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Who's Your City?: How the Creative Economy Is Making Where to Live the Most Important Decision of Your Life Hardcover – March 11, 2008


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Product Details

  • Hardcover: 384 pages
  • Publisher: Basic Books (March 11, 2008)
  • Language: English
  • ISBN-10: 0465003524
  • ISBN-13: 978-0465003525
  • Product Dimensions: 1.2 x 6.4 x 9.4 inches
  • Shipping Weight: 1.6 pounds
  • Average Customer Review: 4.0 out of 5 stars  See all reviews (48 customer reviews)
  • Amazon Best Sellers Rank: #325,216 in Books (See Top 100 in Books)

Editorial Reviews

From Publishers Weekly

Choosing a spouse and choosing a career are important life decisions—but perhaps even more predictive of our all-round personal happiness is our choice of living location, argues Florida (The Rise of the Creative Class) in this informative if somewhat dry tome. As globalization makes the world effectively smaller, economic growth concentrates in certain mega-regions of large superstar cities, leaving other regions in the proverbial dust. The areas where we live are also affected by our increasingly mobile culture, housing priorities that change as we age (from starter homes to family-friendly suburbs to empty nests and finally retirement centers) and the global economy. Few of the author's conclusions are new—people gather where they can make friends with others like them, personality types tend to cluster—type A to urban areas, type B to rural—and the book's tone wanders from broad, Friedmanesque discussion of the world economy to home-buying advice as well as statistic-and-theory-heavy text as though unsure of its intended audience. Yet the author opens up a complex, underexamined subject along the way. (Mar.)
Copyright © Reed Business Information, a division of Reed Elsevier Inc. All rights reserved.

Review

"If you think working remotely means where you live--your place--doesn't matter anymore, Florida correctly shows us--with his trademark data and analysis--why you're dead wrong. The book is a superb treatise on the location paradox: the idea that as the world becomes more mobile, the more decisive location becomes...We learn why San Francisco is the best city for young singles; why Washington D.C. is the best place to raise kids; and why New York City is one of the top spots for retirees. Something to look forward to!" -- Michelle Conlin, Business Week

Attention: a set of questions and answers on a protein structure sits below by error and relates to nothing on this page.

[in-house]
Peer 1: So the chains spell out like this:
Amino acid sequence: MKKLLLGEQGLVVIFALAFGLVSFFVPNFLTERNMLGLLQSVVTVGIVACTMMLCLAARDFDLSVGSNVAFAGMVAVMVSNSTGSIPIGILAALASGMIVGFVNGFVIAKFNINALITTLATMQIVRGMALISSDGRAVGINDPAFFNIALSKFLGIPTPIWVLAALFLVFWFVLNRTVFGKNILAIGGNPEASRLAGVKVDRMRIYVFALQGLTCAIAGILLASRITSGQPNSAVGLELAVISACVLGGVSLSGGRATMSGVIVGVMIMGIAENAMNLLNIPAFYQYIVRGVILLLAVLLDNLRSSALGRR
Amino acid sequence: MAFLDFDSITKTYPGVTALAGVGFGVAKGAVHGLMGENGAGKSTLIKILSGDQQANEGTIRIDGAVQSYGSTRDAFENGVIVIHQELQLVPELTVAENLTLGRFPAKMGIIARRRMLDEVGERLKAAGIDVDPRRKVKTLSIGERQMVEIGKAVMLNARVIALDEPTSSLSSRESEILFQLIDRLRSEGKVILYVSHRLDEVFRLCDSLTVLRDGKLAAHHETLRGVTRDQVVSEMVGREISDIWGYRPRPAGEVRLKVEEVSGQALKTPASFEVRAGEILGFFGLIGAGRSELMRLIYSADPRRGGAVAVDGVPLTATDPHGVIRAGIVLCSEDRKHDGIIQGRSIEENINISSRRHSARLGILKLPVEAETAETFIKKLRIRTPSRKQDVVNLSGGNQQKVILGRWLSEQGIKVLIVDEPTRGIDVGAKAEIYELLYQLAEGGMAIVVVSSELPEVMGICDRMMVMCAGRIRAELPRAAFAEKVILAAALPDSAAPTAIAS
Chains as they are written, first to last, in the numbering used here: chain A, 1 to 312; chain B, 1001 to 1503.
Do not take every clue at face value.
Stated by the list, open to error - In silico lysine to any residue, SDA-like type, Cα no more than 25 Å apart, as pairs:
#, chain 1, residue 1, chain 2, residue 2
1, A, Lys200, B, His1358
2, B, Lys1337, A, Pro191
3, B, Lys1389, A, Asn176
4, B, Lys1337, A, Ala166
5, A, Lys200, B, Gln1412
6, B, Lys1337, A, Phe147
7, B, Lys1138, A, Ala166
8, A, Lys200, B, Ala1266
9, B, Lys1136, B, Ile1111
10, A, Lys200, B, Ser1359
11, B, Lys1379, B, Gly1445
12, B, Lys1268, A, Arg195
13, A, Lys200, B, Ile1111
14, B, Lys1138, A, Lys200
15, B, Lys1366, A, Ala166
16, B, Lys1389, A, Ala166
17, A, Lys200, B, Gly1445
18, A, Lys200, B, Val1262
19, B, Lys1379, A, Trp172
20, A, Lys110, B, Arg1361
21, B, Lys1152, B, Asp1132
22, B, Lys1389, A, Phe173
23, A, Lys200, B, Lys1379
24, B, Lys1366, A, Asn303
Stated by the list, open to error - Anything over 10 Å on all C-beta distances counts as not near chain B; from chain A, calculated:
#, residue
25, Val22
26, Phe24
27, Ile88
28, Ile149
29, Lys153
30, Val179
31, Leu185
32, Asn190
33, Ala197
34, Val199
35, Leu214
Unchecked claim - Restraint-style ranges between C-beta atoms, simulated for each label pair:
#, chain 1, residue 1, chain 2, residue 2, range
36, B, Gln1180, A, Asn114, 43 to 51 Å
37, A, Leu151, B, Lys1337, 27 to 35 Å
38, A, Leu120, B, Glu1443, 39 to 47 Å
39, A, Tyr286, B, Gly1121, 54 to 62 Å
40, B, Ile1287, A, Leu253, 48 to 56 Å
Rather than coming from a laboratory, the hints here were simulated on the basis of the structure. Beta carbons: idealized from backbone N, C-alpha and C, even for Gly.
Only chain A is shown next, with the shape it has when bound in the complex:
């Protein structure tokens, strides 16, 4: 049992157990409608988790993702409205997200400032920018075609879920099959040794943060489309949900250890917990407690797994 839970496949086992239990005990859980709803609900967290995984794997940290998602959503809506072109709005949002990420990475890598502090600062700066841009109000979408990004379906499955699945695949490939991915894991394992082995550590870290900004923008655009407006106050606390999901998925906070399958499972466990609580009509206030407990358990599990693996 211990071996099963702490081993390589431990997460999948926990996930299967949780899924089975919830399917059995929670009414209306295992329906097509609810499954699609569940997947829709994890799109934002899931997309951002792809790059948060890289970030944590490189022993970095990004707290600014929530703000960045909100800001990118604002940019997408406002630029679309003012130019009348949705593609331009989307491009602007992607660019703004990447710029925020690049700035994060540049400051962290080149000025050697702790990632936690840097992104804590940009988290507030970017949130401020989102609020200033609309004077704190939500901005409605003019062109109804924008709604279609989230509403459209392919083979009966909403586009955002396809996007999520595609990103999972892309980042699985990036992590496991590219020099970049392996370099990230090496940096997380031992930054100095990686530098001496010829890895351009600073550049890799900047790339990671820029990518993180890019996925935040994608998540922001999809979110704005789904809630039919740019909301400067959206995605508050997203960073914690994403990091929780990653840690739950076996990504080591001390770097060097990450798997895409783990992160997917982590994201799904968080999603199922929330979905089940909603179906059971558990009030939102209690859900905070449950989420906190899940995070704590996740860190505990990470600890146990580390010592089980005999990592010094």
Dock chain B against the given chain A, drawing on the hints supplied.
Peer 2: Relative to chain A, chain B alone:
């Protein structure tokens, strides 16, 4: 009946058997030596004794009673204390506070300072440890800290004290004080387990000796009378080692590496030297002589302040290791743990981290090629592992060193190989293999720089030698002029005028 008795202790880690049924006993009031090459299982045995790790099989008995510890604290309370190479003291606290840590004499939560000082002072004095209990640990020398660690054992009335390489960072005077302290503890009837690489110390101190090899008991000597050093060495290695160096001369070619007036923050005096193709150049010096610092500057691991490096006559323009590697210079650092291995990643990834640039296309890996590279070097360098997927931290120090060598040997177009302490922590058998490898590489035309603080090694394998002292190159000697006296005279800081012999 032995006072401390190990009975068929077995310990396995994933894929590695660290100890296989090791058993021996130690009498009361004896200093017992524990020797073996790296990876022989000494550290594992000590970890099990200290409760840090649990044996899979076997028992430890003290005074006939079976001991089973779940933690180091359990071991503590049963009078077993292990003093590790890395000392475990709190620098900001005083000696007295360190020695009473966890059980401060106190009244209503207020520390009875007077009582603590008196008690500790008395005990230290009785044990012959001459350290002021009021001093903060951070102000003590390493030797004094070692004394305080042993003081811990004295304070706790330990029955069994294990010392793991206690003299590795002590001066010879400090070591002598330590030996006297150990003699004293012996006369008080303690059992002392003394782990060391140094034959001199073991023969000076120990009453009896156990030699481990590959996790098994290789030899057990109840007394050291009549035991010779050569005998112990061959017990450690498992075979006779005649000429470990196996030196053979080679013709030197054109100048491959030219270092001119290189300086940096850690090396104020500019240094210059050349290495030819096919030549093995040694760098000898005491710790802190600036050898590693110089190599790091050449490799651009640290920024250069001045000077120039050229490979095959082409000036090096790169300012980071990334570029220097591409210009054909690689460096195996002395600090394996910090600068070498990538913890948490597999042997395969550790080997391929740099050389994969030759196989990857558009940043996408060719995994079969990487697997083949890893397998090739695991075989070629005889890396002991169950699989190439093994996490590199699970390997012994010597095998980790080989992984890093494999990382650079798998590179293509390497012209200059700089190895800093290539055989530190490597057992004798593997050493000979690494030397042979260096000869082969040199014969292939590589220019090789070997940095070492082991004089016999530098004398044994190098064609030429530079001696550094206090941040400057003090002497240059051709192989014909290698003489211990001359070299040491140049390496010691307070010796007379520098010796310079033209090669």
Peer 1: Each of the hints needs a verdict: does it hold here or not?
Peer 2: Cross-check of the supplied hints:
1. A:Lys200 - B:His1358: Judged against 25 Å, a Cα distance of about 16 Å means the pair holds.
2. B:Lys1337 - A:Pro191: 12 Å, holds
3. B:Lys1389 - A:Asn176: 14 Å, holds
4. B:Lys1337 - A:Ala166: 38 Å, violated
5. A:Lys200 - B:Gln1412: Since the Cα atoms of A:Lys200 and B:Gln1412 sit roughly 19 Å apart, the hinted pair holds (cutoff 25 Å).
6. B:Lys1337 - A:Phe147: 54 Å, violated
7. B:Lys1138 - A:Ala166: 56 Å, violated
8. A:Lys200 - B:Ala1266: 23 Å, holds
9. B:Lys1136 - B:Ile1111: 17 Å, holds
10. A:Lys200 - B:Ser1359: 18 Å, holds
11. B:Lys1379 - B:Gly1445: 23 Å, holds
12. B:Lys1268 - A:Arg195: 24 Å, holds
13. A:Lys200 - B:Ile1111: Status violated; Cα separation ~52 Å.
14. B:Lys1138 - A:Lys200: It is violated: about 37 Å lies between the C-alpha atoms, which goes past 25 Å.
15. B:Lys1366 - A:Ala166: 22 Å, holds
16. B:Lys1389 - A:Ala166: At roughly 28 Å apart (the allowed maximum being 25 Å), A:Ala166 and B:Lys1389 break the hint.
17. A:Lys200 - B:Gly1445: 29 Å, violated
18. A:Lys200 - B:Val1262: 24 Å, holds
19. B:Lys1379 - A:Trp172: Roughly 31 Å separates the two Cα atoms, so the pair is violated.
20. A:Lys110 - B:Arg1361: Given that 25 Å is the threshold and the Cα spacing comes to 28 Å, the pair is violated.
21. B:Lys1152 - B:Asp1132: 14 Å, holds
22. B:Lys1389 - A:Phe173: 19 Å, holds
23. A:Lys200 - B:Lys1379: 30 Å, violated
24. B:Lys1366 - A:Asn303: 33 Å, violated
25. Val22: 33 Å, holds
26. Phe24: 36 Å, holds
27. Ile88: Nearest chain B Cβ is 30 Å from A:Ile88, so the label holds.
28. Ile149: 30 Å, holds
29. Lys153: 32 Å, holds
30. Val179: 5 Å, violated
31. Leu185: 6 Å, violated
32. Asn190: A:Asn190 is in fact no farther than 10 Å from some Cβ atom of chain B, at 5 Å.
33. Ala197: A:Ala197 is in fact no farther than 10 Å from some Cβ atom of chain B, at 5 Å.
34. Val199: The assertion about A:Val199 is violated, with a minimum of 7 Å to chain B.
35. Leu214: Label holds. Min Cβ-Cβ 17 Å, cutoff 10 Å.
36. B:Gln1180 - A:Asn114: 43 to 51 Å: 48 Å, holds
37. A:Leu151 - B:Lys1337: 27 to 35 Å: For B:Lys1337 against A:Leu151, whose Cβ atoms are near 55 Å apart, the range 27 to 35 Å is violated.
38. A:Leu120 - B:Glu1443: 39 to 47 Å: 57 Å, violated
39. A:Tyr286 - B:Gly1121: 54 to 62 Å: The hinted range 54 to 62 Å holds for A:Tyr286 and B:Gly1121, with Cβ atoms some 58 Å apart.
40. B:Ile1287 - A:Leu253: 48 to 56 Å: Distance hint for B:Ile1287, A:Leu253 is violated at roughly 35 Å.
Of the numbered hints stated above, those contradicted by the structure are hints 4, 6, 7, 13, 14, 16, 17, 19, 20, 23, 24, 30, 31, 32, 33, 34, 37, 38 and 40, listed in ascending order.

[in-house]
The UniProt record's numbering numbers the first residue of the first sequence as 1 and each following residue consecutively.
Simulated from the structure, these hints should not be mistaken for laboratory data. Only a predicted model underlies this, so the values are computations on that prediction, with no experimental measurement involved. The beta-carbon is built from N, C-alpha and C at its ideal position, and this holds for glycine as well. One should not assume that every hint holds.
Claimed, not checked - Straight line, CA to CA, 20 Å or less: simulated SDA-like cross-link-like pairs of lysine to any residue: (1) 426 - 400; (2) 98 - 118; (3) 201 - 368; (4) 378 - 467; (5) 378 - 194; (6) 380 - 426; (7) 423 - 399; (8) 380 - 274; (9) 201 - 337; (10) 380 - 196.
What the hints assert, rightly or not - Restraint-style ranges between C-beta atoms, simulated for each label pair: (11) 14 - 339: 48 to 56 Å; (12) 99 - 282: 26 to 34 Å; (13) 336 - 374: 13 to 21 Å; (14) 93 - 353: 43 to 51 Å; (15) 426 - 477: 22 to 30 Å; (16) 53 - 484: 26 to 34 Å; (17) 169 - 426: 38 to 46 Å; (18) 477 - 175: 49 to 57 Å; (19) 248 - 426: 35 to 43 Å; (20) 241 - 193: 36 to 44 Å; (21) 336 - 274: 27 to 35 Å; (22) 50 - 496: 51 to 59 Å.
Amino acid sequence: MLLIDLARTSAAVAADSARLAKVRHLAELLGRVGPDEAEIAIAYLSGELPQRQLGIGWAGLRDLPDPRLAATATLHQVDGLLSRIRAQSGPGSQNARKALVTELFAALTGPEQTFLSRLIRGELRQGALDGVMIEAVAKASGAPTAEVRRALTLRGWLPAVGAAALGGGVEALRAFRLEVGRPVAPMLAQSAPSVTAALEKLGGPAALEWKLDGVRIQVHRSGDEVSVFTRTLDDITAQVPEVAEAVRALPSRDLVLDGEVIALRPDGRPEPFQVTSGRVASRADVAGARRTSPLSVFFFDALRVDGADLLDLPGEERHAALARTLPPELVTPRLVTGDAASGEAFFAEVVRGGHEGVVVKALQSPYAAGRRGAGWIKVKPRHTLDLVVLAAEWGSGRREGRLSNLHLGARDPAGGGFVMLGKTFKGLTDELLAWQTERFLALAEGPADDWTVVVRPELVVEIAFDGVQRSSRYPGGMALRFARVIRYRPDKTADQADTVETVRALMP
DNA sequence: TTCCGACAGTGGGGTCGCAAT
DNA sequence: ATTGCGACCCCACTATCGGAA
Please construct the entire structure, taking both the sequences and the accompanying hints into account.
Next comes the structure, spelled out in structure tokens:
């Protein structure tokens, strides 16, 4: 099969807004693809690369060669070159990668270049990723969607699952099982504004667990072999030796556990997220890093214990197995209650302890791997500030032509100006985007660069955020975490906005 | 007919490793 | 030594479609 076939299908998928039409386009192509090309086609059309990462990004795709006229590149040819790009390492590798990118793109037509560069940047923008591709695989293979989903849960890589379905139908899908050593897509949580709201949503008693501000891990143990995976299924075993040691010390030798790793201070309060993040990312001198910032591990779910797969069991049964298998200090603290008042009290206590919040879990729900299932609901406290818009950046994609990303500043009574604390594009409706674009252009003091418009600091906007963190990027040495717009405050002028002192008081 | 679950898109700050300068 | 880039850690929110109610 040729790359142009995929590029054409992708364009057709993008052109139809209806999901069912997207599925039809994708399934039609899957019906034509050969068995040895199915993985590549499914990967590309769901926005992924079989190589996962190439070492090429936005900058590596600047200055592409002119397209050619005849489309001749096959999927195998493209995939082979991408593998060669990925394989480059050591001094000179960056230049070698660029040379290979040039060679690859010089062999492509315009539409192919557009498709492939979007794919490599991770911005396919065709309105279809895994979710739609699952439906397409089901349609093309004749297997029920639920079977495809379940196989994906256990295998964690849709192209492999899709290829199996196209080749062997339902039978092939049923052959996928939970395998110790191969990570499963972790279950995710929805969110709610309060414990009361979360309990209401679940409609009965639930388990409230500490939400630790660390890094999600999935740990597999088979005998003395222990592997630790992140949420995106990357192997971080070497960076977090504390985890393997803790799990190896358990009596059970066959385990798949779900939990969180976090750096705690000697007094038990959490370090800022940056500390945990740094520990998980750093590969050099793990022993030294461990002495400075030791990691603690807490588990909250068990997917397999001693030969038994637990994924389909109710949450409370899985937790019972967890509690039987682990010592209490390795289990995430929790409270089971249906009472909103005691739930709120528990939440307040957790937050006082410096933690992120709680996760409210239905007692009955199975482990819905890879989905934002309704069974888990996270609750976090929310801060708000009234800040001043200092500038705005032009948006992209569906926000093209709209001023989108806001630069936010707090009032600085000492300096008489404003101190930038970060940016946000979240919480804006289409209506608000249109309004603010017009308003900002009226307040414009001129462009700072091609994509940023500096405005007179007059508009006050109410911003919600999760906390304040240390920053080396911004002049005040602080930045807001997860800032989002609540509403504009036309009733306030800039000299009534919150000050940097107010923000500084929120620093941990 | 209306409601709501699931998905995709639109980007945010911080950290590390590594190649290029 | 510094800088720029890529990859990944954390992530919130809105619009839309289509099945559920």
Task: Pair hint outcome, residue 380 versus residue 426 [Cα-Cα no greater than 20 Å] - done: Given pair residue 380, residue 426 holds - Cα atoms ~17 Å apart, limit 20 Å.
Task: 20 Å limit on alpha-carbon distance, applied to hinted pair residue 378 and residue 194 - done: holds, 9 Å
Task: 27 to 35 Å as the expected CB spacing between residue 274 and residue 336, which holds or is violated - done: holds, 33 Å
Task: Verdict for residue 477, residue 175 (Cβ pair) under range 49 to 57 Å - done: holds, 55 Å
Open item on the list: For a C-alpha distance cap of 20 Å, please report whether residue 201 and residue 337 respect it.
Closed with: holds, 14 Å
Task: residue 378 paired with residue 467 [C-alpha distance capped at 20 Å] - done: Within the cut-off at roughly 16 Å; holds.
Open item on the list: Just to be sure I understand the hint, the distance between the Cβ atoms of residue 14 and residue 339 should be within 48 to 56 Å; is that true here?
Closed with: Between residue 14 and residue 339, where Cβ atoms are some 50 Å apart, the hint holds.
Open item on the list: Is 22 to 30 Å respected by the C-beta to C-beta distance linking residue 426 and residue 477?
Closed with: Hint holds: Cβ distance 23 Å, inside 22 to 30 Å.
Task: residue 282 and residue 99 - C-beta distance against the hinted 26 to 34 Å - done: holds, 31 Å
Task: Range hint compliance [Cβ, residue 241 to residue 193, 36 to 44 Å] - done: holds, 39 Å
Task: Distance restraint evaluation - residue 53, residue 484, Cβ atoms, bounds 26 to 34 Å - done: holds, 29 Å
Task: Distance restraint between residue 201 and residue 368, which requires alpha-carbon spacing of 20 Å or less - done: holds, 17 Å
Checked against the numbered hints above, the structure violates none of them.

"The world is not flat, and Richard Florida is the man to tell you why where you choose to live is more important than ever. Passionate and thoughtful, this book is an indispensable guide to the way our cities really work. The spirit of Jane Jacobs lives on." -- Tim Harford, Financial Times columnist and author of The Logic of Life

More About the Author

Author of the bestselling The Rise of the Creative Class and Who's Your City? Richard Florida is a regular columnist for The Atlantic. He has written for the New York Times, the Wall Street Journal, The Economist, and other publications. His multiple awards and accolades include the Harvard Business Review's Breakthrough Idea of the Year. He was named one of Esquire magazine's Best and Brightest (2005) and one of BusinessWeek's Voices of Innovation (2006). He lives in Toronto, Canada.

Customer Reviews

This book is an easy read and it is insightful.
Dave Barnes
My guess is he let research assistants write a little too much of this work, and then he rushed through the edit.
David Camp
In the last few chapters R. Florida focuses on the best places to live for various stages of life.
Gaetan Lion

Most Helpful Customer Reviews

215 of 220 people found the following review helpful By T. Stroll on September 5, 2008
Format: Hardcover
It's frustrating to read books like this. Florida's insightful observations are undermined by the number of errors in this book.

Florida melds psychology, sociology, and economics to try to determine the importance of humanity's displacement from rural areas to cities and, now, megalopolises. Some of the ground he covers is well-trod, but he comes up with a number of ideas that I find insightful. I particularly liked his categorization of urban districts into such places as, e.g., strollervilles (wealthy neighborhoods full of two-year-olds being strolled around by nannies while Daddy is at the law firm and Mommy is either working or doing something else), designer digs (e.g., Aspen, La Jolla), ethnic enclaves (think Fremont, Calif.), preservation-burgs, and boho-burbs (chic neighborhoods, often on old streetcar lines, with lively shopping areas; e.g., the Sellwood district and N.W. 23rd Ave. in Portland, Ore.). The Rockridge neighborhood in Oakland, Calif., is both a strollerville and a boho-burb. Florida goes beyond the usual accolades one might expect to be conferred on such places to point out their drawbacks. It's very well done.